(let* (;; Chicken and egg problem.
(fns (make-symbol "local-idle-timer"))
(timer (apply 'run-with-idle-timer secs repeat fns args))
It's easy enough to set the horizontal position of the current window.
(defun hscroll-cursor-left ()
"Scroll horizontally to bring the cursor to the leftmost visible column.
Similar to Vim's `zs'."
(set-window-hscroll (selected-window) (current-column)))
(defun hscroll-cursor-right ()
"Scroll horizontally to bring the cursor to ...
Personally, I doubt the buffer implementation can be blamed for every performance problem people encounter with buffers. My specific problem with it did involve long lines that were slowing down redisplay, a known issue with a multitude of reasons behind it, including Bidi rendering, excessive movement of point crossing the problematic line and less than ...
Emacs switched from webkit1gtk to webkit2gtk so you'll need to install that instead. Your GTK package should be fine.
PS: I agree with the linked article, although I wouldn't put it this drastically. You're better off with using a dedicated browser built upon WebKit or WebEngine. If all you're after is Emacs keybindings, EXWM might be an alternative.
Is there a way of configuring the emacs build to produce an executable that does not use dump/unexec functionality?
Yes, the configure script has un-advertised support for inhibiting dumping:
env CANNOT_DUMP=yes ./configure
Of course you still have access to src/temacs after compiling Emacs normally (i.e. without using CANNOT_DUMP), and temacs is a fully-...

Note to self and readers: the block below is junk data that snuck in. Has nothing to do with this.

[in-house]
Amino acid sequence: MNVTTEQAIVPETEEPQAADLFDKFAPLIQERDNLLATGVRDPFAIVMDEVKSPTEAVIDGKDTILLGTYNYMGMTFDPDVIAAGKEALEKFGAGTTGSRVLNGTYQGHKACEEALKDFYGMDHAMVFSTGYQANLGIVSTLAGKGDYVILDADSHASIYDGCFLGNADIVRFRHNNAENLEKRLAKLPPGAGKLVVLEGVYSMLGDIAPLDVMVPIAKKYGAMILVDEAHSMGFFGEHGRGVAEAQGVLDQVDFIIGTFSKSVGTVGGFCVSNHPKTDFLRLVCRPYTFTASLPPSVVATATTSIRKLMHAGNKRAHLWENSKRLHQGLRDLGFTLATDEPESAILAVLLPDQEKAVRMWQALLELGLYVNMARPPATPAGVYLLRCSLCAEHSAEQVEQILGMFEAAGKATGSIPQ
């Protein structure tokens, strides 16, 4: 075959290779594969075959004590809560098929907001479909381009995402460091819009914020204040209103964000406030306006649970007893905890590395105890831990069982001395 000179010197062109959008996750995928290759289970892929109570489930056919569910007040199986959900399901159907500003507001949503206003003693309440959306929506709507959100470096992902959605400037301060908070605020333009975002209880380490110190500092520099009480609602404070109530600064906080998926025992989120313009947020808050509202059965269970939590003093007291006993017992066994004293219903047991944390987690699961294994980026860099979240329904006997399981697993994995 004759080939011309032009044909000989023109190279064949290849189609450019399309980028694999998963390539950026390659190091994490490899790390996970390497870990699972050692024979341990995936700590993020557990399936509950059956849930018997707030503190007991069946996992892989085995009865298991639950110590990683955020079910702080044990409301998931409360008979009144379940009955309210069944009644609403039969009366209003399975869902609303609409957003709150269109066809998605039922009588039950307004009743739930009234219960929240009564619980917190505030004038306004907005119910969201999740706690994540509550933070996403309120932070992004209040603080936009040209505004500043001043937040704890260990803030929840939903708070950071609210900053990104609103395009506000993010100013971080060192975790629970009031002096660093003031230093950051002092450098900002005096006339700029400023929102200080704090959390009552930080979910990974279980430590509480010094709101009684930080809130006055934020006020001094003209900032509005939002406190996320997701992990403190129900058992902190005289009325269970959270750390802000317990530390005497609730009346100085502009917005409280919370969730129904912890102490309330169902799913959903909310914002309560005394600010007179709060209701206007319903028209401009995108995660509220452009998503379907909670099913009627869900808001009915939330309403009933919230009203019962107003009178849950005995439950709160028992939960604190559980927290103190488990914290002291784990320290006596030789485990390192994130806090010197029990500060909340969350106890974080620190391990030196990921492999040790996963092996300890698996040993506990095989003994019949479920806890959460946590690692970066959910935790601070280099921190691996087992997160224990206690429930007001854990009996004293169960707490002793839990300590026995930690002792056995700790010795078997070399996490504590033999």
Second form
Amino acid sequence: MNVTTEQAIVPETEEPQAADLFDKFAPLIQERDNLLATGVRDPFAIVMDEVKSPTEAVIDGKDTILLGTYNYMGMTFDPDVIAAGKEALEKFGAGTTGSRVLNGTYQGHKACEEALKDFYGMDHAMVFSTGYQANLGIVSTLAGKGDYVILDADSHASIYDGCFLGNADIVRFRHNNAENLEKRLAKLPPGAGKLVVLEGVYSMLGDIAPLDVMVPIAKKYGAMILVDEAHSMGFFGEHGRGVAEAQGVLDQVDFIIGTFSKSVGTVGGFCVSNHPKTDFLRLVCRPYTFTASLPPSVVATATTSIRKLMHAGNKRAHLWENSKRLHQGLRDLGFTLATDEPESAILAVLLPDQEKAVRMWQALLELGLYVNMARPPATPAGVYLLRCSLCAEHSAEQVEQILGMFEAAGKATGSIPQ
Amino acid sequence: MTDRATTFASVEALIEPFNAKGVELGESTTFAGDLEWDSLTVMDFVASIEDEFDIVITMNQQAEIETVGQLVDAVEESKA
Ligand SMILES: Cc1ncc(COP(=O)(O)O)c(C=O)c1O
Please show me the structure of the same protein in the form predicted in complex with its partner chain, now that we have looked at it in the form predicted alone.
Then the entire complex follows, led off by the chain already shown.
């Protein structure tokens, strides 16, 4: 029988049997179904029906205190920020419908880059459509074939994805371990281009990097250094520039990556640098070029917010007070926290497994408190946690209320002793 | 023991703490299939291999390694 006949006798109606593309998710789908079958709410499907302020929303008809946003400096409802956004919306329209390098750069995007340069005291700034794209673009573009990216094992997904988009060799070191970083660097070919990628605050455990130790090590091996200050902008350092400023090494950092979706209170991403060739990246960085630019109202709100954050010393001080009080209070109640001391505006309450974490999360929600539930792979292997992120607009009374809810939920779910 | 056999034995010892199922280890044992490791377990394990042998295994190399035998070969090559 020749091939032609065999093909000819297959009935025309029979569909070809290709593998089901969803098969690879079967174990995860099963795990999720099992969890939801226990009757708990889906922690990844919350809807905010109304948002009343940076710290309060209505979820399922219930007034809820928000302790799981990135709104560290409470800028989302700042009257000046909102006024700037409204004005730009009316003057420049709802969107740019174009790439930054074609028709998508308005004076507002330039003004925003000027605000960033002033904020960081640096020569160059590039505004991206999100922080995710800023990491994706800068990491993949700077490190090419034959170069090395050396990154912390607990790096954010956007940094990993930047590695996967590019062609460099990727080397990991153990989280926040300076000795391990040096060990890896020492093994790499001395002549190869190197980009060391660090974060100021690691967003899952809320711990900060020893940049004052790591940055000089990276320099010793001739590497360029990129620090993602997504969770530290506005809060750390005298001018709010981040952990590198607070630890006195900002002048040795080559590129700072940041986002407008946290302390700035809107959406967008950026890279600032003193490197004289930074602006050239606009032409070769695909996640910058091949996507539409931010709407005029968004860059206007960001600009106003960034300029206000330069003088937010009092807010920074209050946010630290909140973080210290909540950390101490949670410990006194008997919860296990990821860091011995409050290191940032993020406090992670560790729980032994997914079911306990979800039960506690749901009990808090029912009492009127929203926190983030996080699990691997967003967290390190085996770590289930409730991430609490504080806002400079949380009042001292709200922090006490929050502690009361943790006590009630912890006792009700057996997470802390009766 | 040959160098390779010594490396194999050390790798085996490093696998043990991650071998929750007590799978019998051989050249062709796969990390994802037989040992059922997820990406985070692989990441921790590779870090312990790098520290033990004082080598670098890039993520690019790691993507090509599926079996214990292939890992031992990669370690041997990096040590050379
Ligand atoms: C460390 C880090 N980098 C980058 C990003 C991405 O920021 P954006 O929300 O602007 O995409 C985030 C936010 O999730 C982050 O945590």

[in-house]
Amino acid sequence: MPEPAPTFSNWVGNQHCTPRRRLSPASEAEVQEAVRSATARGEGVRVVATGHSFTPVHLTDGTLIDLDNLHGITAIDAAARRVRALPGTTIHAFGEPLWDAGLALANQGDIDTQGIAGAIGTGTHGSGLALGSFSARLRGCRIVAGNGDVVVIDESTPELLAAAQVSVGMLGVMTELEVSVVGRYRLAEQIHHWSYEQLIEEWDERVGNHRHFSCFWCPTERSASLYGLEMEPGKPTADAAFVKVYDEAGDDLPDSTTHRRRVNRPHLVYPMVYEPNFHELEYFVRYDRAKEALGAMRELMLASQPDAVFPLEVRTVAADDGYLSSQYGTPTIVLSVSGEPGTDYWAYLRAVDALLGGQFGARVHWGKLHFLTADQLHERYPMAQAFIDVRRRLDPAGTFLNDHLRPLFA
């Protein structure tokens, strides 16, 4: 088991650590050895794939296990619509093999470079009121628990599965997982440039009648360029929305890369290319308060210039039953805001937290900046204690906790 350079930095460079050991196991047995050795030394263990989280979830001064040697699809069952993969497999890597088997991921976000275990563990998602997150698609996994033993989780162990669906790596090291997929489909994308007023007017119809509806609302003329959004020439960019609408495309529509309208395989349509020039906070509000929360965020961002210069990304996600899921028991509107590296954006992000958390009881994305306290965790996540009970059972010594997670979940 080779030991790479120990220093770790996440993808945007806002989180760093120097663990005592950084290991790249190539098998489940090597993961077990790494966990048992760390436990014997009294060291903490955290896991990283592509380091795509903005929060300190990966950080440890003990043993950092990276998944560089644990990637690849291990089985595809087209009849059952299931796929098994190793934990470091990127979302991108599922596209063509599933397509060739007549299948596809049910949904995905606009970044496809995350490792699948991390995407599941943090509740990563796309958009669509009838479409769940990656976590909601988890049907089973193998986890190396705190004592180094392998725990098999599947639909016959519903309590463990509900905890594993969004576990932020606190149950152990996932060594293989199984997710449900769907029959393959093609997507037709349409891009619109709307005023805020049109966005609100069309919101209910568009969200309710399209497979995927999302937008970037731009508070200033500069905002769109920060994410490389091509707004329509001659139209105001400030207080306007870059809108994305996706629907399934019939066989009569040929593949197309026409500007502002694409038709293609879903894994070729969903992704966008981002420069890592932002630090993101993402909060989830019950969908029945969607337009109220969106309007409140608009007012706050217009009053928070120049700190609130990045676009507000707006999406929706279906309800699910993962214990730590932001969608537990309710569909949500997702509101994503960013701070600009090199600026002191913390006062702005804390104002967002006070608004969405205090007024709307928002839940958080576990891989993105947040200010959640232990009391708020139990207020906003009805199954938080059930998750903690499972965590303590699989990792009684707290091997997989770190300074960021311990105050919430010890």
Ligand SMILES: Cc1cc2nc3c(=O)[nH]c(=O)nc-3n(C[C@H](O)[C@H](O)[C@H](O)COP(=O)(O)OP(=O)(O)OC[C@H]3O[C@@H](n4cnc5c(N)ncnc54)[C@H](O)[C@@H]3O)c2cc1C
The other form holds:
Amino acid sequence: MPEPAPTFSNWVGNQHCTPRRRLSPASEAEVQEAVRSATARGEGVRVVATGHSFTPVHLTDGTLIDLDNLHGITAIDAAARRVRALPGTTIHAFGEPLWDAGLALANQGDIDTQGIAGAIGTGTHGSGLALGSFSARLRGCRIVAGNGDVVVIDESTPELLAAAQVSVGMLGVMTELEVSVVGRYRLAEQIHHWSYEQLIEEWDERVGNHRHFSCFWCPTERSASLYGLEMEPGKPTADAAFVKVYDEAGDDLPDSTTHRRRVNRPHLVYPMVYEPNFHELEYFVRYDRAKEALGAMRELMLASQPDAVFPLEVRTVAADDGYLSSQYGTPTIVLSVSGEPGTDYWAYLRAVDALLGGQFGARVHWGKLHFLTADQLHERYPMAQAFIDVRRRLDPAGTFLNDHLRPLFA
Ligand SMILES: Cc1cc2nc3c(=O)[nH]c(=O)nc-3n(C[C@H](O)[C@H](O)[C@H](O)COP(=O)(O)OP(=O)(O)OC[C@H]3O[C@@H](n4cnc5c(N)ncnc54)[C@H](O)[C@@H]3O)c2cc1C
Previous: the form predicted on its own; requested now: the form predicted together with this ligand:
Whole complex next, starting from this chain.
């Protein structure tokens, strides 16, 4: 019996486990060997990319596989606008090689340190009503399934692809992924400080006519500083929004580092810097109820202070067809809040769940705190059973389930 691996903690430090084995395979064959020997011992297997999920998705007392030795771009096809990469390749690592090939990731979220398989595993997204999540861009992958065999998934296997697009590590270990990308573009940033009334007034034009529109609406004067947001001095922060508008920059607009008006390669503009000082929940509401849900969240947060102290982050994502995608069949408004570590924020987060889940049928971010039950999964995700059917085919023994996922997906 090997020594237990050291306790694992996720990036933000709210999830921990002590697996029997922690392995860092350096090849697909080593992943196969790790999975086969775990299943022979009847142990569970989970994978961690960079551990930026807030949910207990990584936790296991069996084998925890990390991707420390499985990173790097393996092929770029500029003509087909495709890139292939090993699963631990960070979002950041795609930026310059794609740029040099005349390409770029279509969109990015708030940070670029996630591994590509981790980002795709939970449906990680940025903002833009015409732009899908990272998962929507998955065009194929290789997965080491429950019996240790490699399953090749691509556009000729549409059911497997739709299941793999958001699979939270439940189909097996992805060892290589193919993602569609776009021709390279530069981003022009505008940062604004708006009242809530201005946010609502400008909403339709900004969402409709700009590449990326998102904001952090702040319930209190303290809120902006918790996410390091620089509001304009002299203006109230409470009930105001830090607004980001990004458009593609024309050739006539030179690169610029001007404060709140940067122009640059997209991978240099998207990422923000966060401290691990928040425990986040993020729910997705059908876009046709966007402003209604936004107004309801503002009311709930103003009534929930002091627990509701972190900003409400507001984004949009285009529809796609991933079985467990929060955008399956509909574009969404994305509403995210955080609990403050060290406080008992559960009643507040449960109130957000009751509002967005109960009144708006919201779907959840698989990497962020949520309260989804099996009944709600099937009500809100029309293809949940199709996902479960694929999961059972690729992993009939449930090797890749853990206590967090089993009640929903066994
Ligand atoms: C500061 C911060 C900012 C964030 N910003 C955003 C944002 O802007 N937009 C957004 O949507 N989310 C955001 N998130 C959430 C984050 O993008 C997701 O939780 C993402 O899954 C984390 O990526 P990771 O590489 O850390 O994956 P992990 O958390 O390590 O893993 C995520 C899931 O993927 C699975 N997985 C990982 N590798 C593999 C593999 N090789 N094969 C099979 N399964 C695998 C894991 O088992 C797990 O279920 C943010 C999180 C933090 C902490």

but what happens when by pure chance a block of memory stores a valid Elisp object even when it is not supposed to be one?
Emacs conservatively marks the stack, which means that it examines each word on the stack and considers whether it "looks like" a Lisp object. There is a comment in alloc.c that explains the general approach:
/* Conservative C stack ...
Several reasons. First, emacs has grown over time. Thousands of people have contributed, and not all of the code is of identical quality. Like all things which grow over time, the final shape was not planned out in detail from the beginning.
Second, emacs is more than a little bit influenced by image-based systems such as the Lisp Machine, Smalltalk, etc. ...
Entirely up to you, really. I don't think there is any agreed "best practice" here. Your concerns are perfectly valid, so it's certainly not unreasonable to isolate distinct use-cases as separate Emacs instances (especially if you are less-willing to restart some of them than others). If you're happy with how you can switch between them, I'd suggest you ...
I believe this is limited only by amount of available memory. I couldn't find any information about this sort of limitation in official manual, so it generally means that number of arguments an Emacs Lisp function can take is not limited on language level, otherwise it would be explicitly mentioned.
Sometimes, I end up with several unreachable emacs processes laying around. My emacsclient normally automatically starts an emacs and calls server-start--I guess there is some bug in my configuration somewhere which results in this happening more than once.
I kill the extra emacsen with killall emacs in a shell. So far, -9 hasn't been needed. (It works ...